Its taken us a little while to get going in Vietnam, there were a couple of terrible days of waiting and travelling in order to get over the border and then we spent a couple of nights on the central coast, in Danang. Since then we’ve flown down to Ho Chi Minh City to really start our travel from the south up.
It was never going to be a fun trip from Pakse in Laos to Hue in Vietnam, there are several warnings about buses being missold on this route and taking longer than expected. There was no warning in any guidebook we read that they would just cancel our bus at 6am after we’d gotten up, packed and checked out though. Apparently only 6 people had booked the bus for that day, it wasn’t profitable, and therefore it was just cancelled!
We trotted back and checked back into our room for another night in dull Pakse (we’d already spent a day doing nothing waiting for our Vietnam visas to start) having being told the bus would certainly run the next morning, another 6am wake up! I’d been feeling a little bit off for a couple of days but having eaten a bit of breakfast my stomach suddenly felt terrible, a mixture of cramps, holding back from being sick and sweats/shivers followed for the rest of the day. Perhaps the missed bus was a blessing in disguise.
We went to bed not knowing whether I’d be well enough to even get up the next day as I’d barely moved for the past 12 hours. I’d discovered through trial and error that even a handful of nuts or a few swigs too much water could make my stomach feel ten times worse, so I laid off the food and tried my hardest to get some sleep.
Having gotten up for the bus the next day we waited a short time before being told the bus was running (I’d have much preferred another days rest, but the tickets were non-refundable). The ‘VIP’ bus we were loaded onto, and paid extra for, didn’t possess any aircon and was filthy. We were the only foreigners on the bus, most were Vietnamese and no one could speak any English so we were pretty alone for the entire trip. The trip was typical for Laos bus travel, the driver didn’t lay off the horn for more than 10 seconds, we kept stopping to load rice and boxes and the lack of air con meant windows were kept open meaning dust constantly sweeping through.
It was a battle with my stomach the entire way, but a mixture of paracetamol, rehydration sachets, other pills and no food held that off but completing a bumpy 12 hour trip whilst feeling so rough certainly isn’t advised to anyone. Especially when there isn’t even a stop at a proper squat toilet on the way, let alone a sit-down western toilet!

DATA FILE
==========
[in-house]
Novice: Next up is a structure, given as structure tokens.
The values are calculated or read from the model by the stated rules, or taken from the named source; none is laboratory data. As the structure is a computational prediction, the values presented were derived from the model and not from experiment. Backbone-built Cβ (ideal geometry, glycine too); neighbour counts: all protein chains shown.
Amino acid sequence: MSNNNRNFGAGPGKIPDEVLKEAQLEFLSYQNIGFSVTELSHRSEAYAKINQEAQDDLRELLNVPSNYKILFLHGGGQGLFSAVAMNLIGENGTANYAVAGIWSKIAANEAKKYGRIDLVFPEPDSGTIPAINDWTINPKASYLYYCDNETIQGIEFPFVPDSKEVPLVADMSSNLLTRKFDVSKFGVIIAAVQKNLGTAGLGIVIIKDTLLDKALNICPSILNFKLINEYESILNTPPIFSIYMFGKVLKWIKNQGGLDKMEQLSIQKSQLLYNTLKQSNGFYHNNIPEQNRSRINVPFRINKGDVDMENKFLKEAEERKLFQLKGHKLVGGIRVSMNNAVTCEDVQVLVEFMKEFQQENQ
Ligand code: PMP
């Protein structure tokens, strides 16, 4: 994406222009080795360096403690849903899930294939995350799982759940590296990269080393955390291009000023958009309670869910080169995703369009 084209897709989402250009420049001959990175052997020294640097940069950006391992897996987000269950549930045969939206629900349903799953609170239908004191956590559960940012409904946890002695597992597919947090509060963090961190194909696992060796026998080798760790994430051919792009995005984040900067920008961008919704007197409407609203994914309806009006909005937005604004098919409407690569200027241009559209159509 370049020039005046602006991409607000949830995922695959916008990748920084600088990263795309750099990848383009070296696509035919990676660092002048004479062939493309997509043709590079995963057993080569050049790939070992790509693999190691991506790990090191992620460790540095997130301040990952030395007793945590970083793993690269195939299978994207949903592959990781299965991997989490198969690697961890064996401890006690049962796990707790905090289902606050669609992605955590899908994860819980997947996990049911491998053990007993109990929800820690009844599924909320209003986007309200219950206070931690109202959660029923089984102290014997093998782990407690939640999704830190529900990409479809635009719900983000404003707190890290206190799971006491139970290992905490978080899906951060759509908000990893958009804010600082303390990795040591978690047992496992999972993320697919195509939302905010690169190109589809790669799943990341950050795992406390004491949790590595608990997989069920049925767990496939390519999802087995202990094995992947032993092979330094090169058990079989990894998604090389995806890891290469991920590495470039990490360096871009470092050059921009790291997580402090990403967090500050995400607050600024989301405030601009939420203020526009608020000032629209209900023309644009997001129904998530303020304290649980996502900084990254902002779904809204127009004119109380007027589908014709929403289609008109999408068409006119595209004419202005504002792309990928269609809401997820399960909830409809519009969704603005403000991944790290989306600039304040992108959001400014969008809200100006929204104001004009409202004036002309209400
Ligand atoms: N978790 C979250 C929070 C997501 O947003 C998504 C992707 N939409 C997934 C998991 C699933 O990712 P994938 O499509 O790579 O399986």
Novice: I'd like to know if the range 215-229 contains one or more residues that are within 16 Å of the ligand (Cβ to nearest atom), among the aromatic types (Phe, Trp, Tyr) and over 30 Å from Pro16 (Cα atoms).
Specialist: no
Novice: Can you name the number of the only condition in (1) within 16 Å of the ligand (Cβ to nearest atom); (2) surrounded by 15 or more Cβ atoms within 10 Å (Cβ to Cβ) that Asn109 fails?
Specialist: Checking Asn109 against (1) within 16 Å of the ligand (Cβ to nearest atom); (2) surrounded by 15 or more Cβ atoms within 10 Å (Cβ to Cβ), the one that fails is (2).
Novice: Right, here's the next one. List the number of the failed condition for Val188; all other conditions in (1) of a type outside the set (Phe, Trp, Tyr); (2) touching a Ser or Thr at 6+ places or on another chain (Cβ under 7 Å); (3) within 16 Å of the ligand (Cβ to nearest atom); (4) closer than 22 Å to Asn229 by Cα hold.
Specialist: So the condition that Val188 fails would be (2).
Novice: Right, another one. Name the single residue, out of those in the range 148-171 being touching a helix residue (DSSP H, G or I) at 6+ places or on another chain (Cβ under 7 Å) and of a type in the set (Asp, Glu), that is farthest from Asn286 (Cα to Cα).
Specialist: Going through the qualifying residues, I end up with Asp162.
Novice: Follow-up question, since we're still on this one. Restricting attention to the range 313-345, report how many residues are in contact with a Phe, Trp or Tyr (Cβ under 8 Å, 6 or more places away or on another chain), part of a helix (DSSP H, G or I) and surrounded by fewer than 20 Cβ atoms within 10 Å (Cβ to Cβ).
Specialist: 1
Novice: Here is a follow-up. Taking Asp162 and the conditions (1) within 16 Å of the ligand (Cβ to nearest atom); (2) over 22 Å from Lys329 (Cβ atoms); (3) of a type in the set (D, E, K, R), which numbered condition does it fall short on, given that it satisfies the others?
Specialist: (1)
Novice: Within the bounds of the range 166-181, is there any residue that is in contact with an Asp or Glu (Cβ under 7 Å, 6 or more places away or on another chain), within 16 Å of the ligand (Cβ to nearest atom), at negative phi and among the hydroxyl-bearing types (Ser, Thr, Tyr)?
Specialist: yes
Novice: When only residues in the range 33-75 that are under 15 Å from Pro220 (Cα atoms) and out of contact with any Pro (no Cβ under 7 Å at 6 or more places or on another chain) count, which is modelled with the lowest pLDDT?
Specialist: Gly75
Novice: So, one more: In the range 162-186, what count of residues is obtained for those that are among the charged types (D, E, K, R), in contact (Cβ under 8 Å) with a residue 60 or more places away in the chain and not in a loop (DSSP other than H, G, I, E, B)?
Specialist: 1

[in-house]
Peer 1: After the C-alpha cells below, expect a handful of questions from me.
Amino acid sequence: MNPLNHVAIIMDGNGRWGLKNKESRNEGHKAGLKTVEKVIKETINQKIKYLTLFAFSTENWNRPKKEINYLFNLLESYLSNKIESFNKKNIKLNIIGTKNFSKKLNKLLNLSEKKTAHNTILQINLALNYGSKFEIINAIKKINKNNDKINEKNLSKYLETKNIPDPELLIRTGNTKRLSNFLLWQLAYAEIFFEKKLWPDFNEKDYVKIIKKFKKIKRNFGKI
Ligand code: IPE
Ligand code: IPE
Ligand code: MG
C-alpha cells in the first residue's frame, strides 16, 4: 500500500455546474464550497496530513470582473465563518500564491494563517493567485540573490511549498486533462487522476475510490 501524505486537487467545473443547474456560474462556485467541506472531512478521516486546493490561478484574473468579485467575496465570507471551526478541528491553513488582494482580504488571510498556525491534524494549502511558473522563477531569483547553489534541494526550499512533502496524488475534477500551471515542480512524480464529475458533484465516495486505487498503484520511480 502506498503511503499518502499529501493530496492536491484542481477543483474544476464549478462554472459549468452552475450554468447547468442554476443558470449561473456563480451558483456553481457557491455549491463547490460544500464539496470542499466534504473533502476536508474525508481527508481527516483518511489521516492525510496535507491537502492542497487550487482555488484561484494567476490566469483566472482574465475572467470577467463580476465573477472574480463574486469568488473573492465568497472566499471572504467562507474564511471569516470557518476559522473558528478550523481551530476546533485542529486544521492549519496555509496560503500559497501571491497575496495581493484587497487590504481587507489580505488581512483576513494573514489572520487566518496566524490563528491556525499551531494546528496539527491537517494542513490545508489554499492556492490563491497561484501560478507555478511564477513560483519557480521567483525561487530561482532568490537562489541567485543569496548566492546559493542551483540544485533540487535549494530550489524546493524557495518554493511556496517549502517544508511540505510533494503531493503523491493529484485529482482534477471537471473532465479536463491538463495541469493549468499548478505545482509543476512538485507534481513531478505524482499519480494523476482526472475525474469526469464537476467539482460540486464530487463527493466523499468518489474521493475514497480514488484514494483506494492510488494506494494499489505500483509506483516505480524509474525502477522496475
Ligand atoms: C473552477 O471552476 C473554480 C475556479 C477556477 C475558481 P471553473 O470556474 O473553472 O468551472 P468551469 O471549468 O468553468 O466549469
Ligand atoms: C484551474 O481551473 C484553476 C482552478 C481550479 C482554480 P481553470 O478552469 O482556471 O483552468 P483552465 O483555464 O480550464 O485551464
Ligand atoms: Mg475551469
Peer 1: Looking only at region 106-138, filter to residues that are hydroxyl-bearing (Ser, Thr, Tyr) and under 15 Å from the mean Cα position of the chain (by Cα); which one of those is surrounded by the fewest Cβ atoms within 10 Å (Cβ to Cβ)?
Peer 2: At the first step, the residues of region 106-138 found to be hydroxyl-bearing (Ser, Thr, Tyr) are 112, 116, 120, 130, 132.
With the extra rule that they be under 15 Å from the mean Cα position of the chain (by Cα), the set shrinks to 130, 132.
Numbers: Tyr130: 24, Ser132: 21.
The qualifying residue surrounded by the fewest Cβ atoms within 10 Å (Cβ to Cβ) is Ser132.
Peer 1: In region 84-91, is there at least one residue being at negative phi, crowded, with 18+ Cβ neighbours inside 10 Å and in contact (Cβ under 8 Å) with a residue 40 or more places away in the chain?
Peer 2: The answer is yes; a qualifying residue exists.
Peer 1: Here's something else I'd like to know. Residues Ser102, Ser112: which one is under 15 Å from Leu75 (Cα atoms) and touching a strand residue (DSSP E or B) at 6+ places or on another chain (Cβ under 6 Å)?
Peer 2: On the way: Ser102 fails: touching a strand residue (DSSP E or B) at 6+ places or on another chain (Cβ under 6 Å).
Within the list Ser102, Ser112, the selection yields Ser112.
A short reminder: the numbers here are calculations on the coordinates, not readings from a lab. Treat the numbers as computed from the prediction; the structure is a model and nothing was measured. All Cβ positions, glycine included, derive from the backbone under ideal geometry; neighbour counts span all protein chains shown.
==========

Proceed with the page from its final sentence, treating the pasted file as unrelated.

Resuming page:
We stayed a night in Hue, a very historic city, but didn’t get to see any of it this time as we moved straight on to Danang where we had a flight booked out of. This would give us a couple of days in Danang and would leave Hue to explore when we pass back through on the way north in a couple of weeks.
Danang may ring a bell with some of you became of its role in the Vietnam War (or the American War as it referred to here), it was where the first Americans came onshore and many important battles were fought around here. We passed many lines of gravestones by the road proving this. We spent our time here viewing some of the museams and just outside the city around China Beach.
Taking an internal flight was the compromise with missing out Cambodia; as Vietnam is so long and thin with its two biggest cities in the far north and far south, its best to start at one and head to the other. Danang is about halfway between the two so we’d be doing a lot of backtracking in order to complete it overland.
This is just the start of about 4 weeks we’ll spend in Vietnam. After passing through Singapore Malaysia, Thailand and Laos quite quickly it will be nice to spend some time just in one country. This will give us a chance to really feel like we know somewhere, learn a bit more of the language than ‘hello’ and ‘thank you’, and also have the chance to stay somewhere a little while longer if we really like it. Because of the rain last time I was here, I barely saw anything outside of Hanoi, so most of it will be new to me too.
Already we’ve found time passing very quickly here and we’ve filled up our plans for our entire visas. How some people come through Vietnam for just a couple of weeks is beyond me. Although much of the architecture was destroyed during the wars there is still so much to see here: ancient ruins, world-class beaches, fascinatingly busy cities, interesting food and landscapes that at times are just breathtaking. I’m very pleased to be back…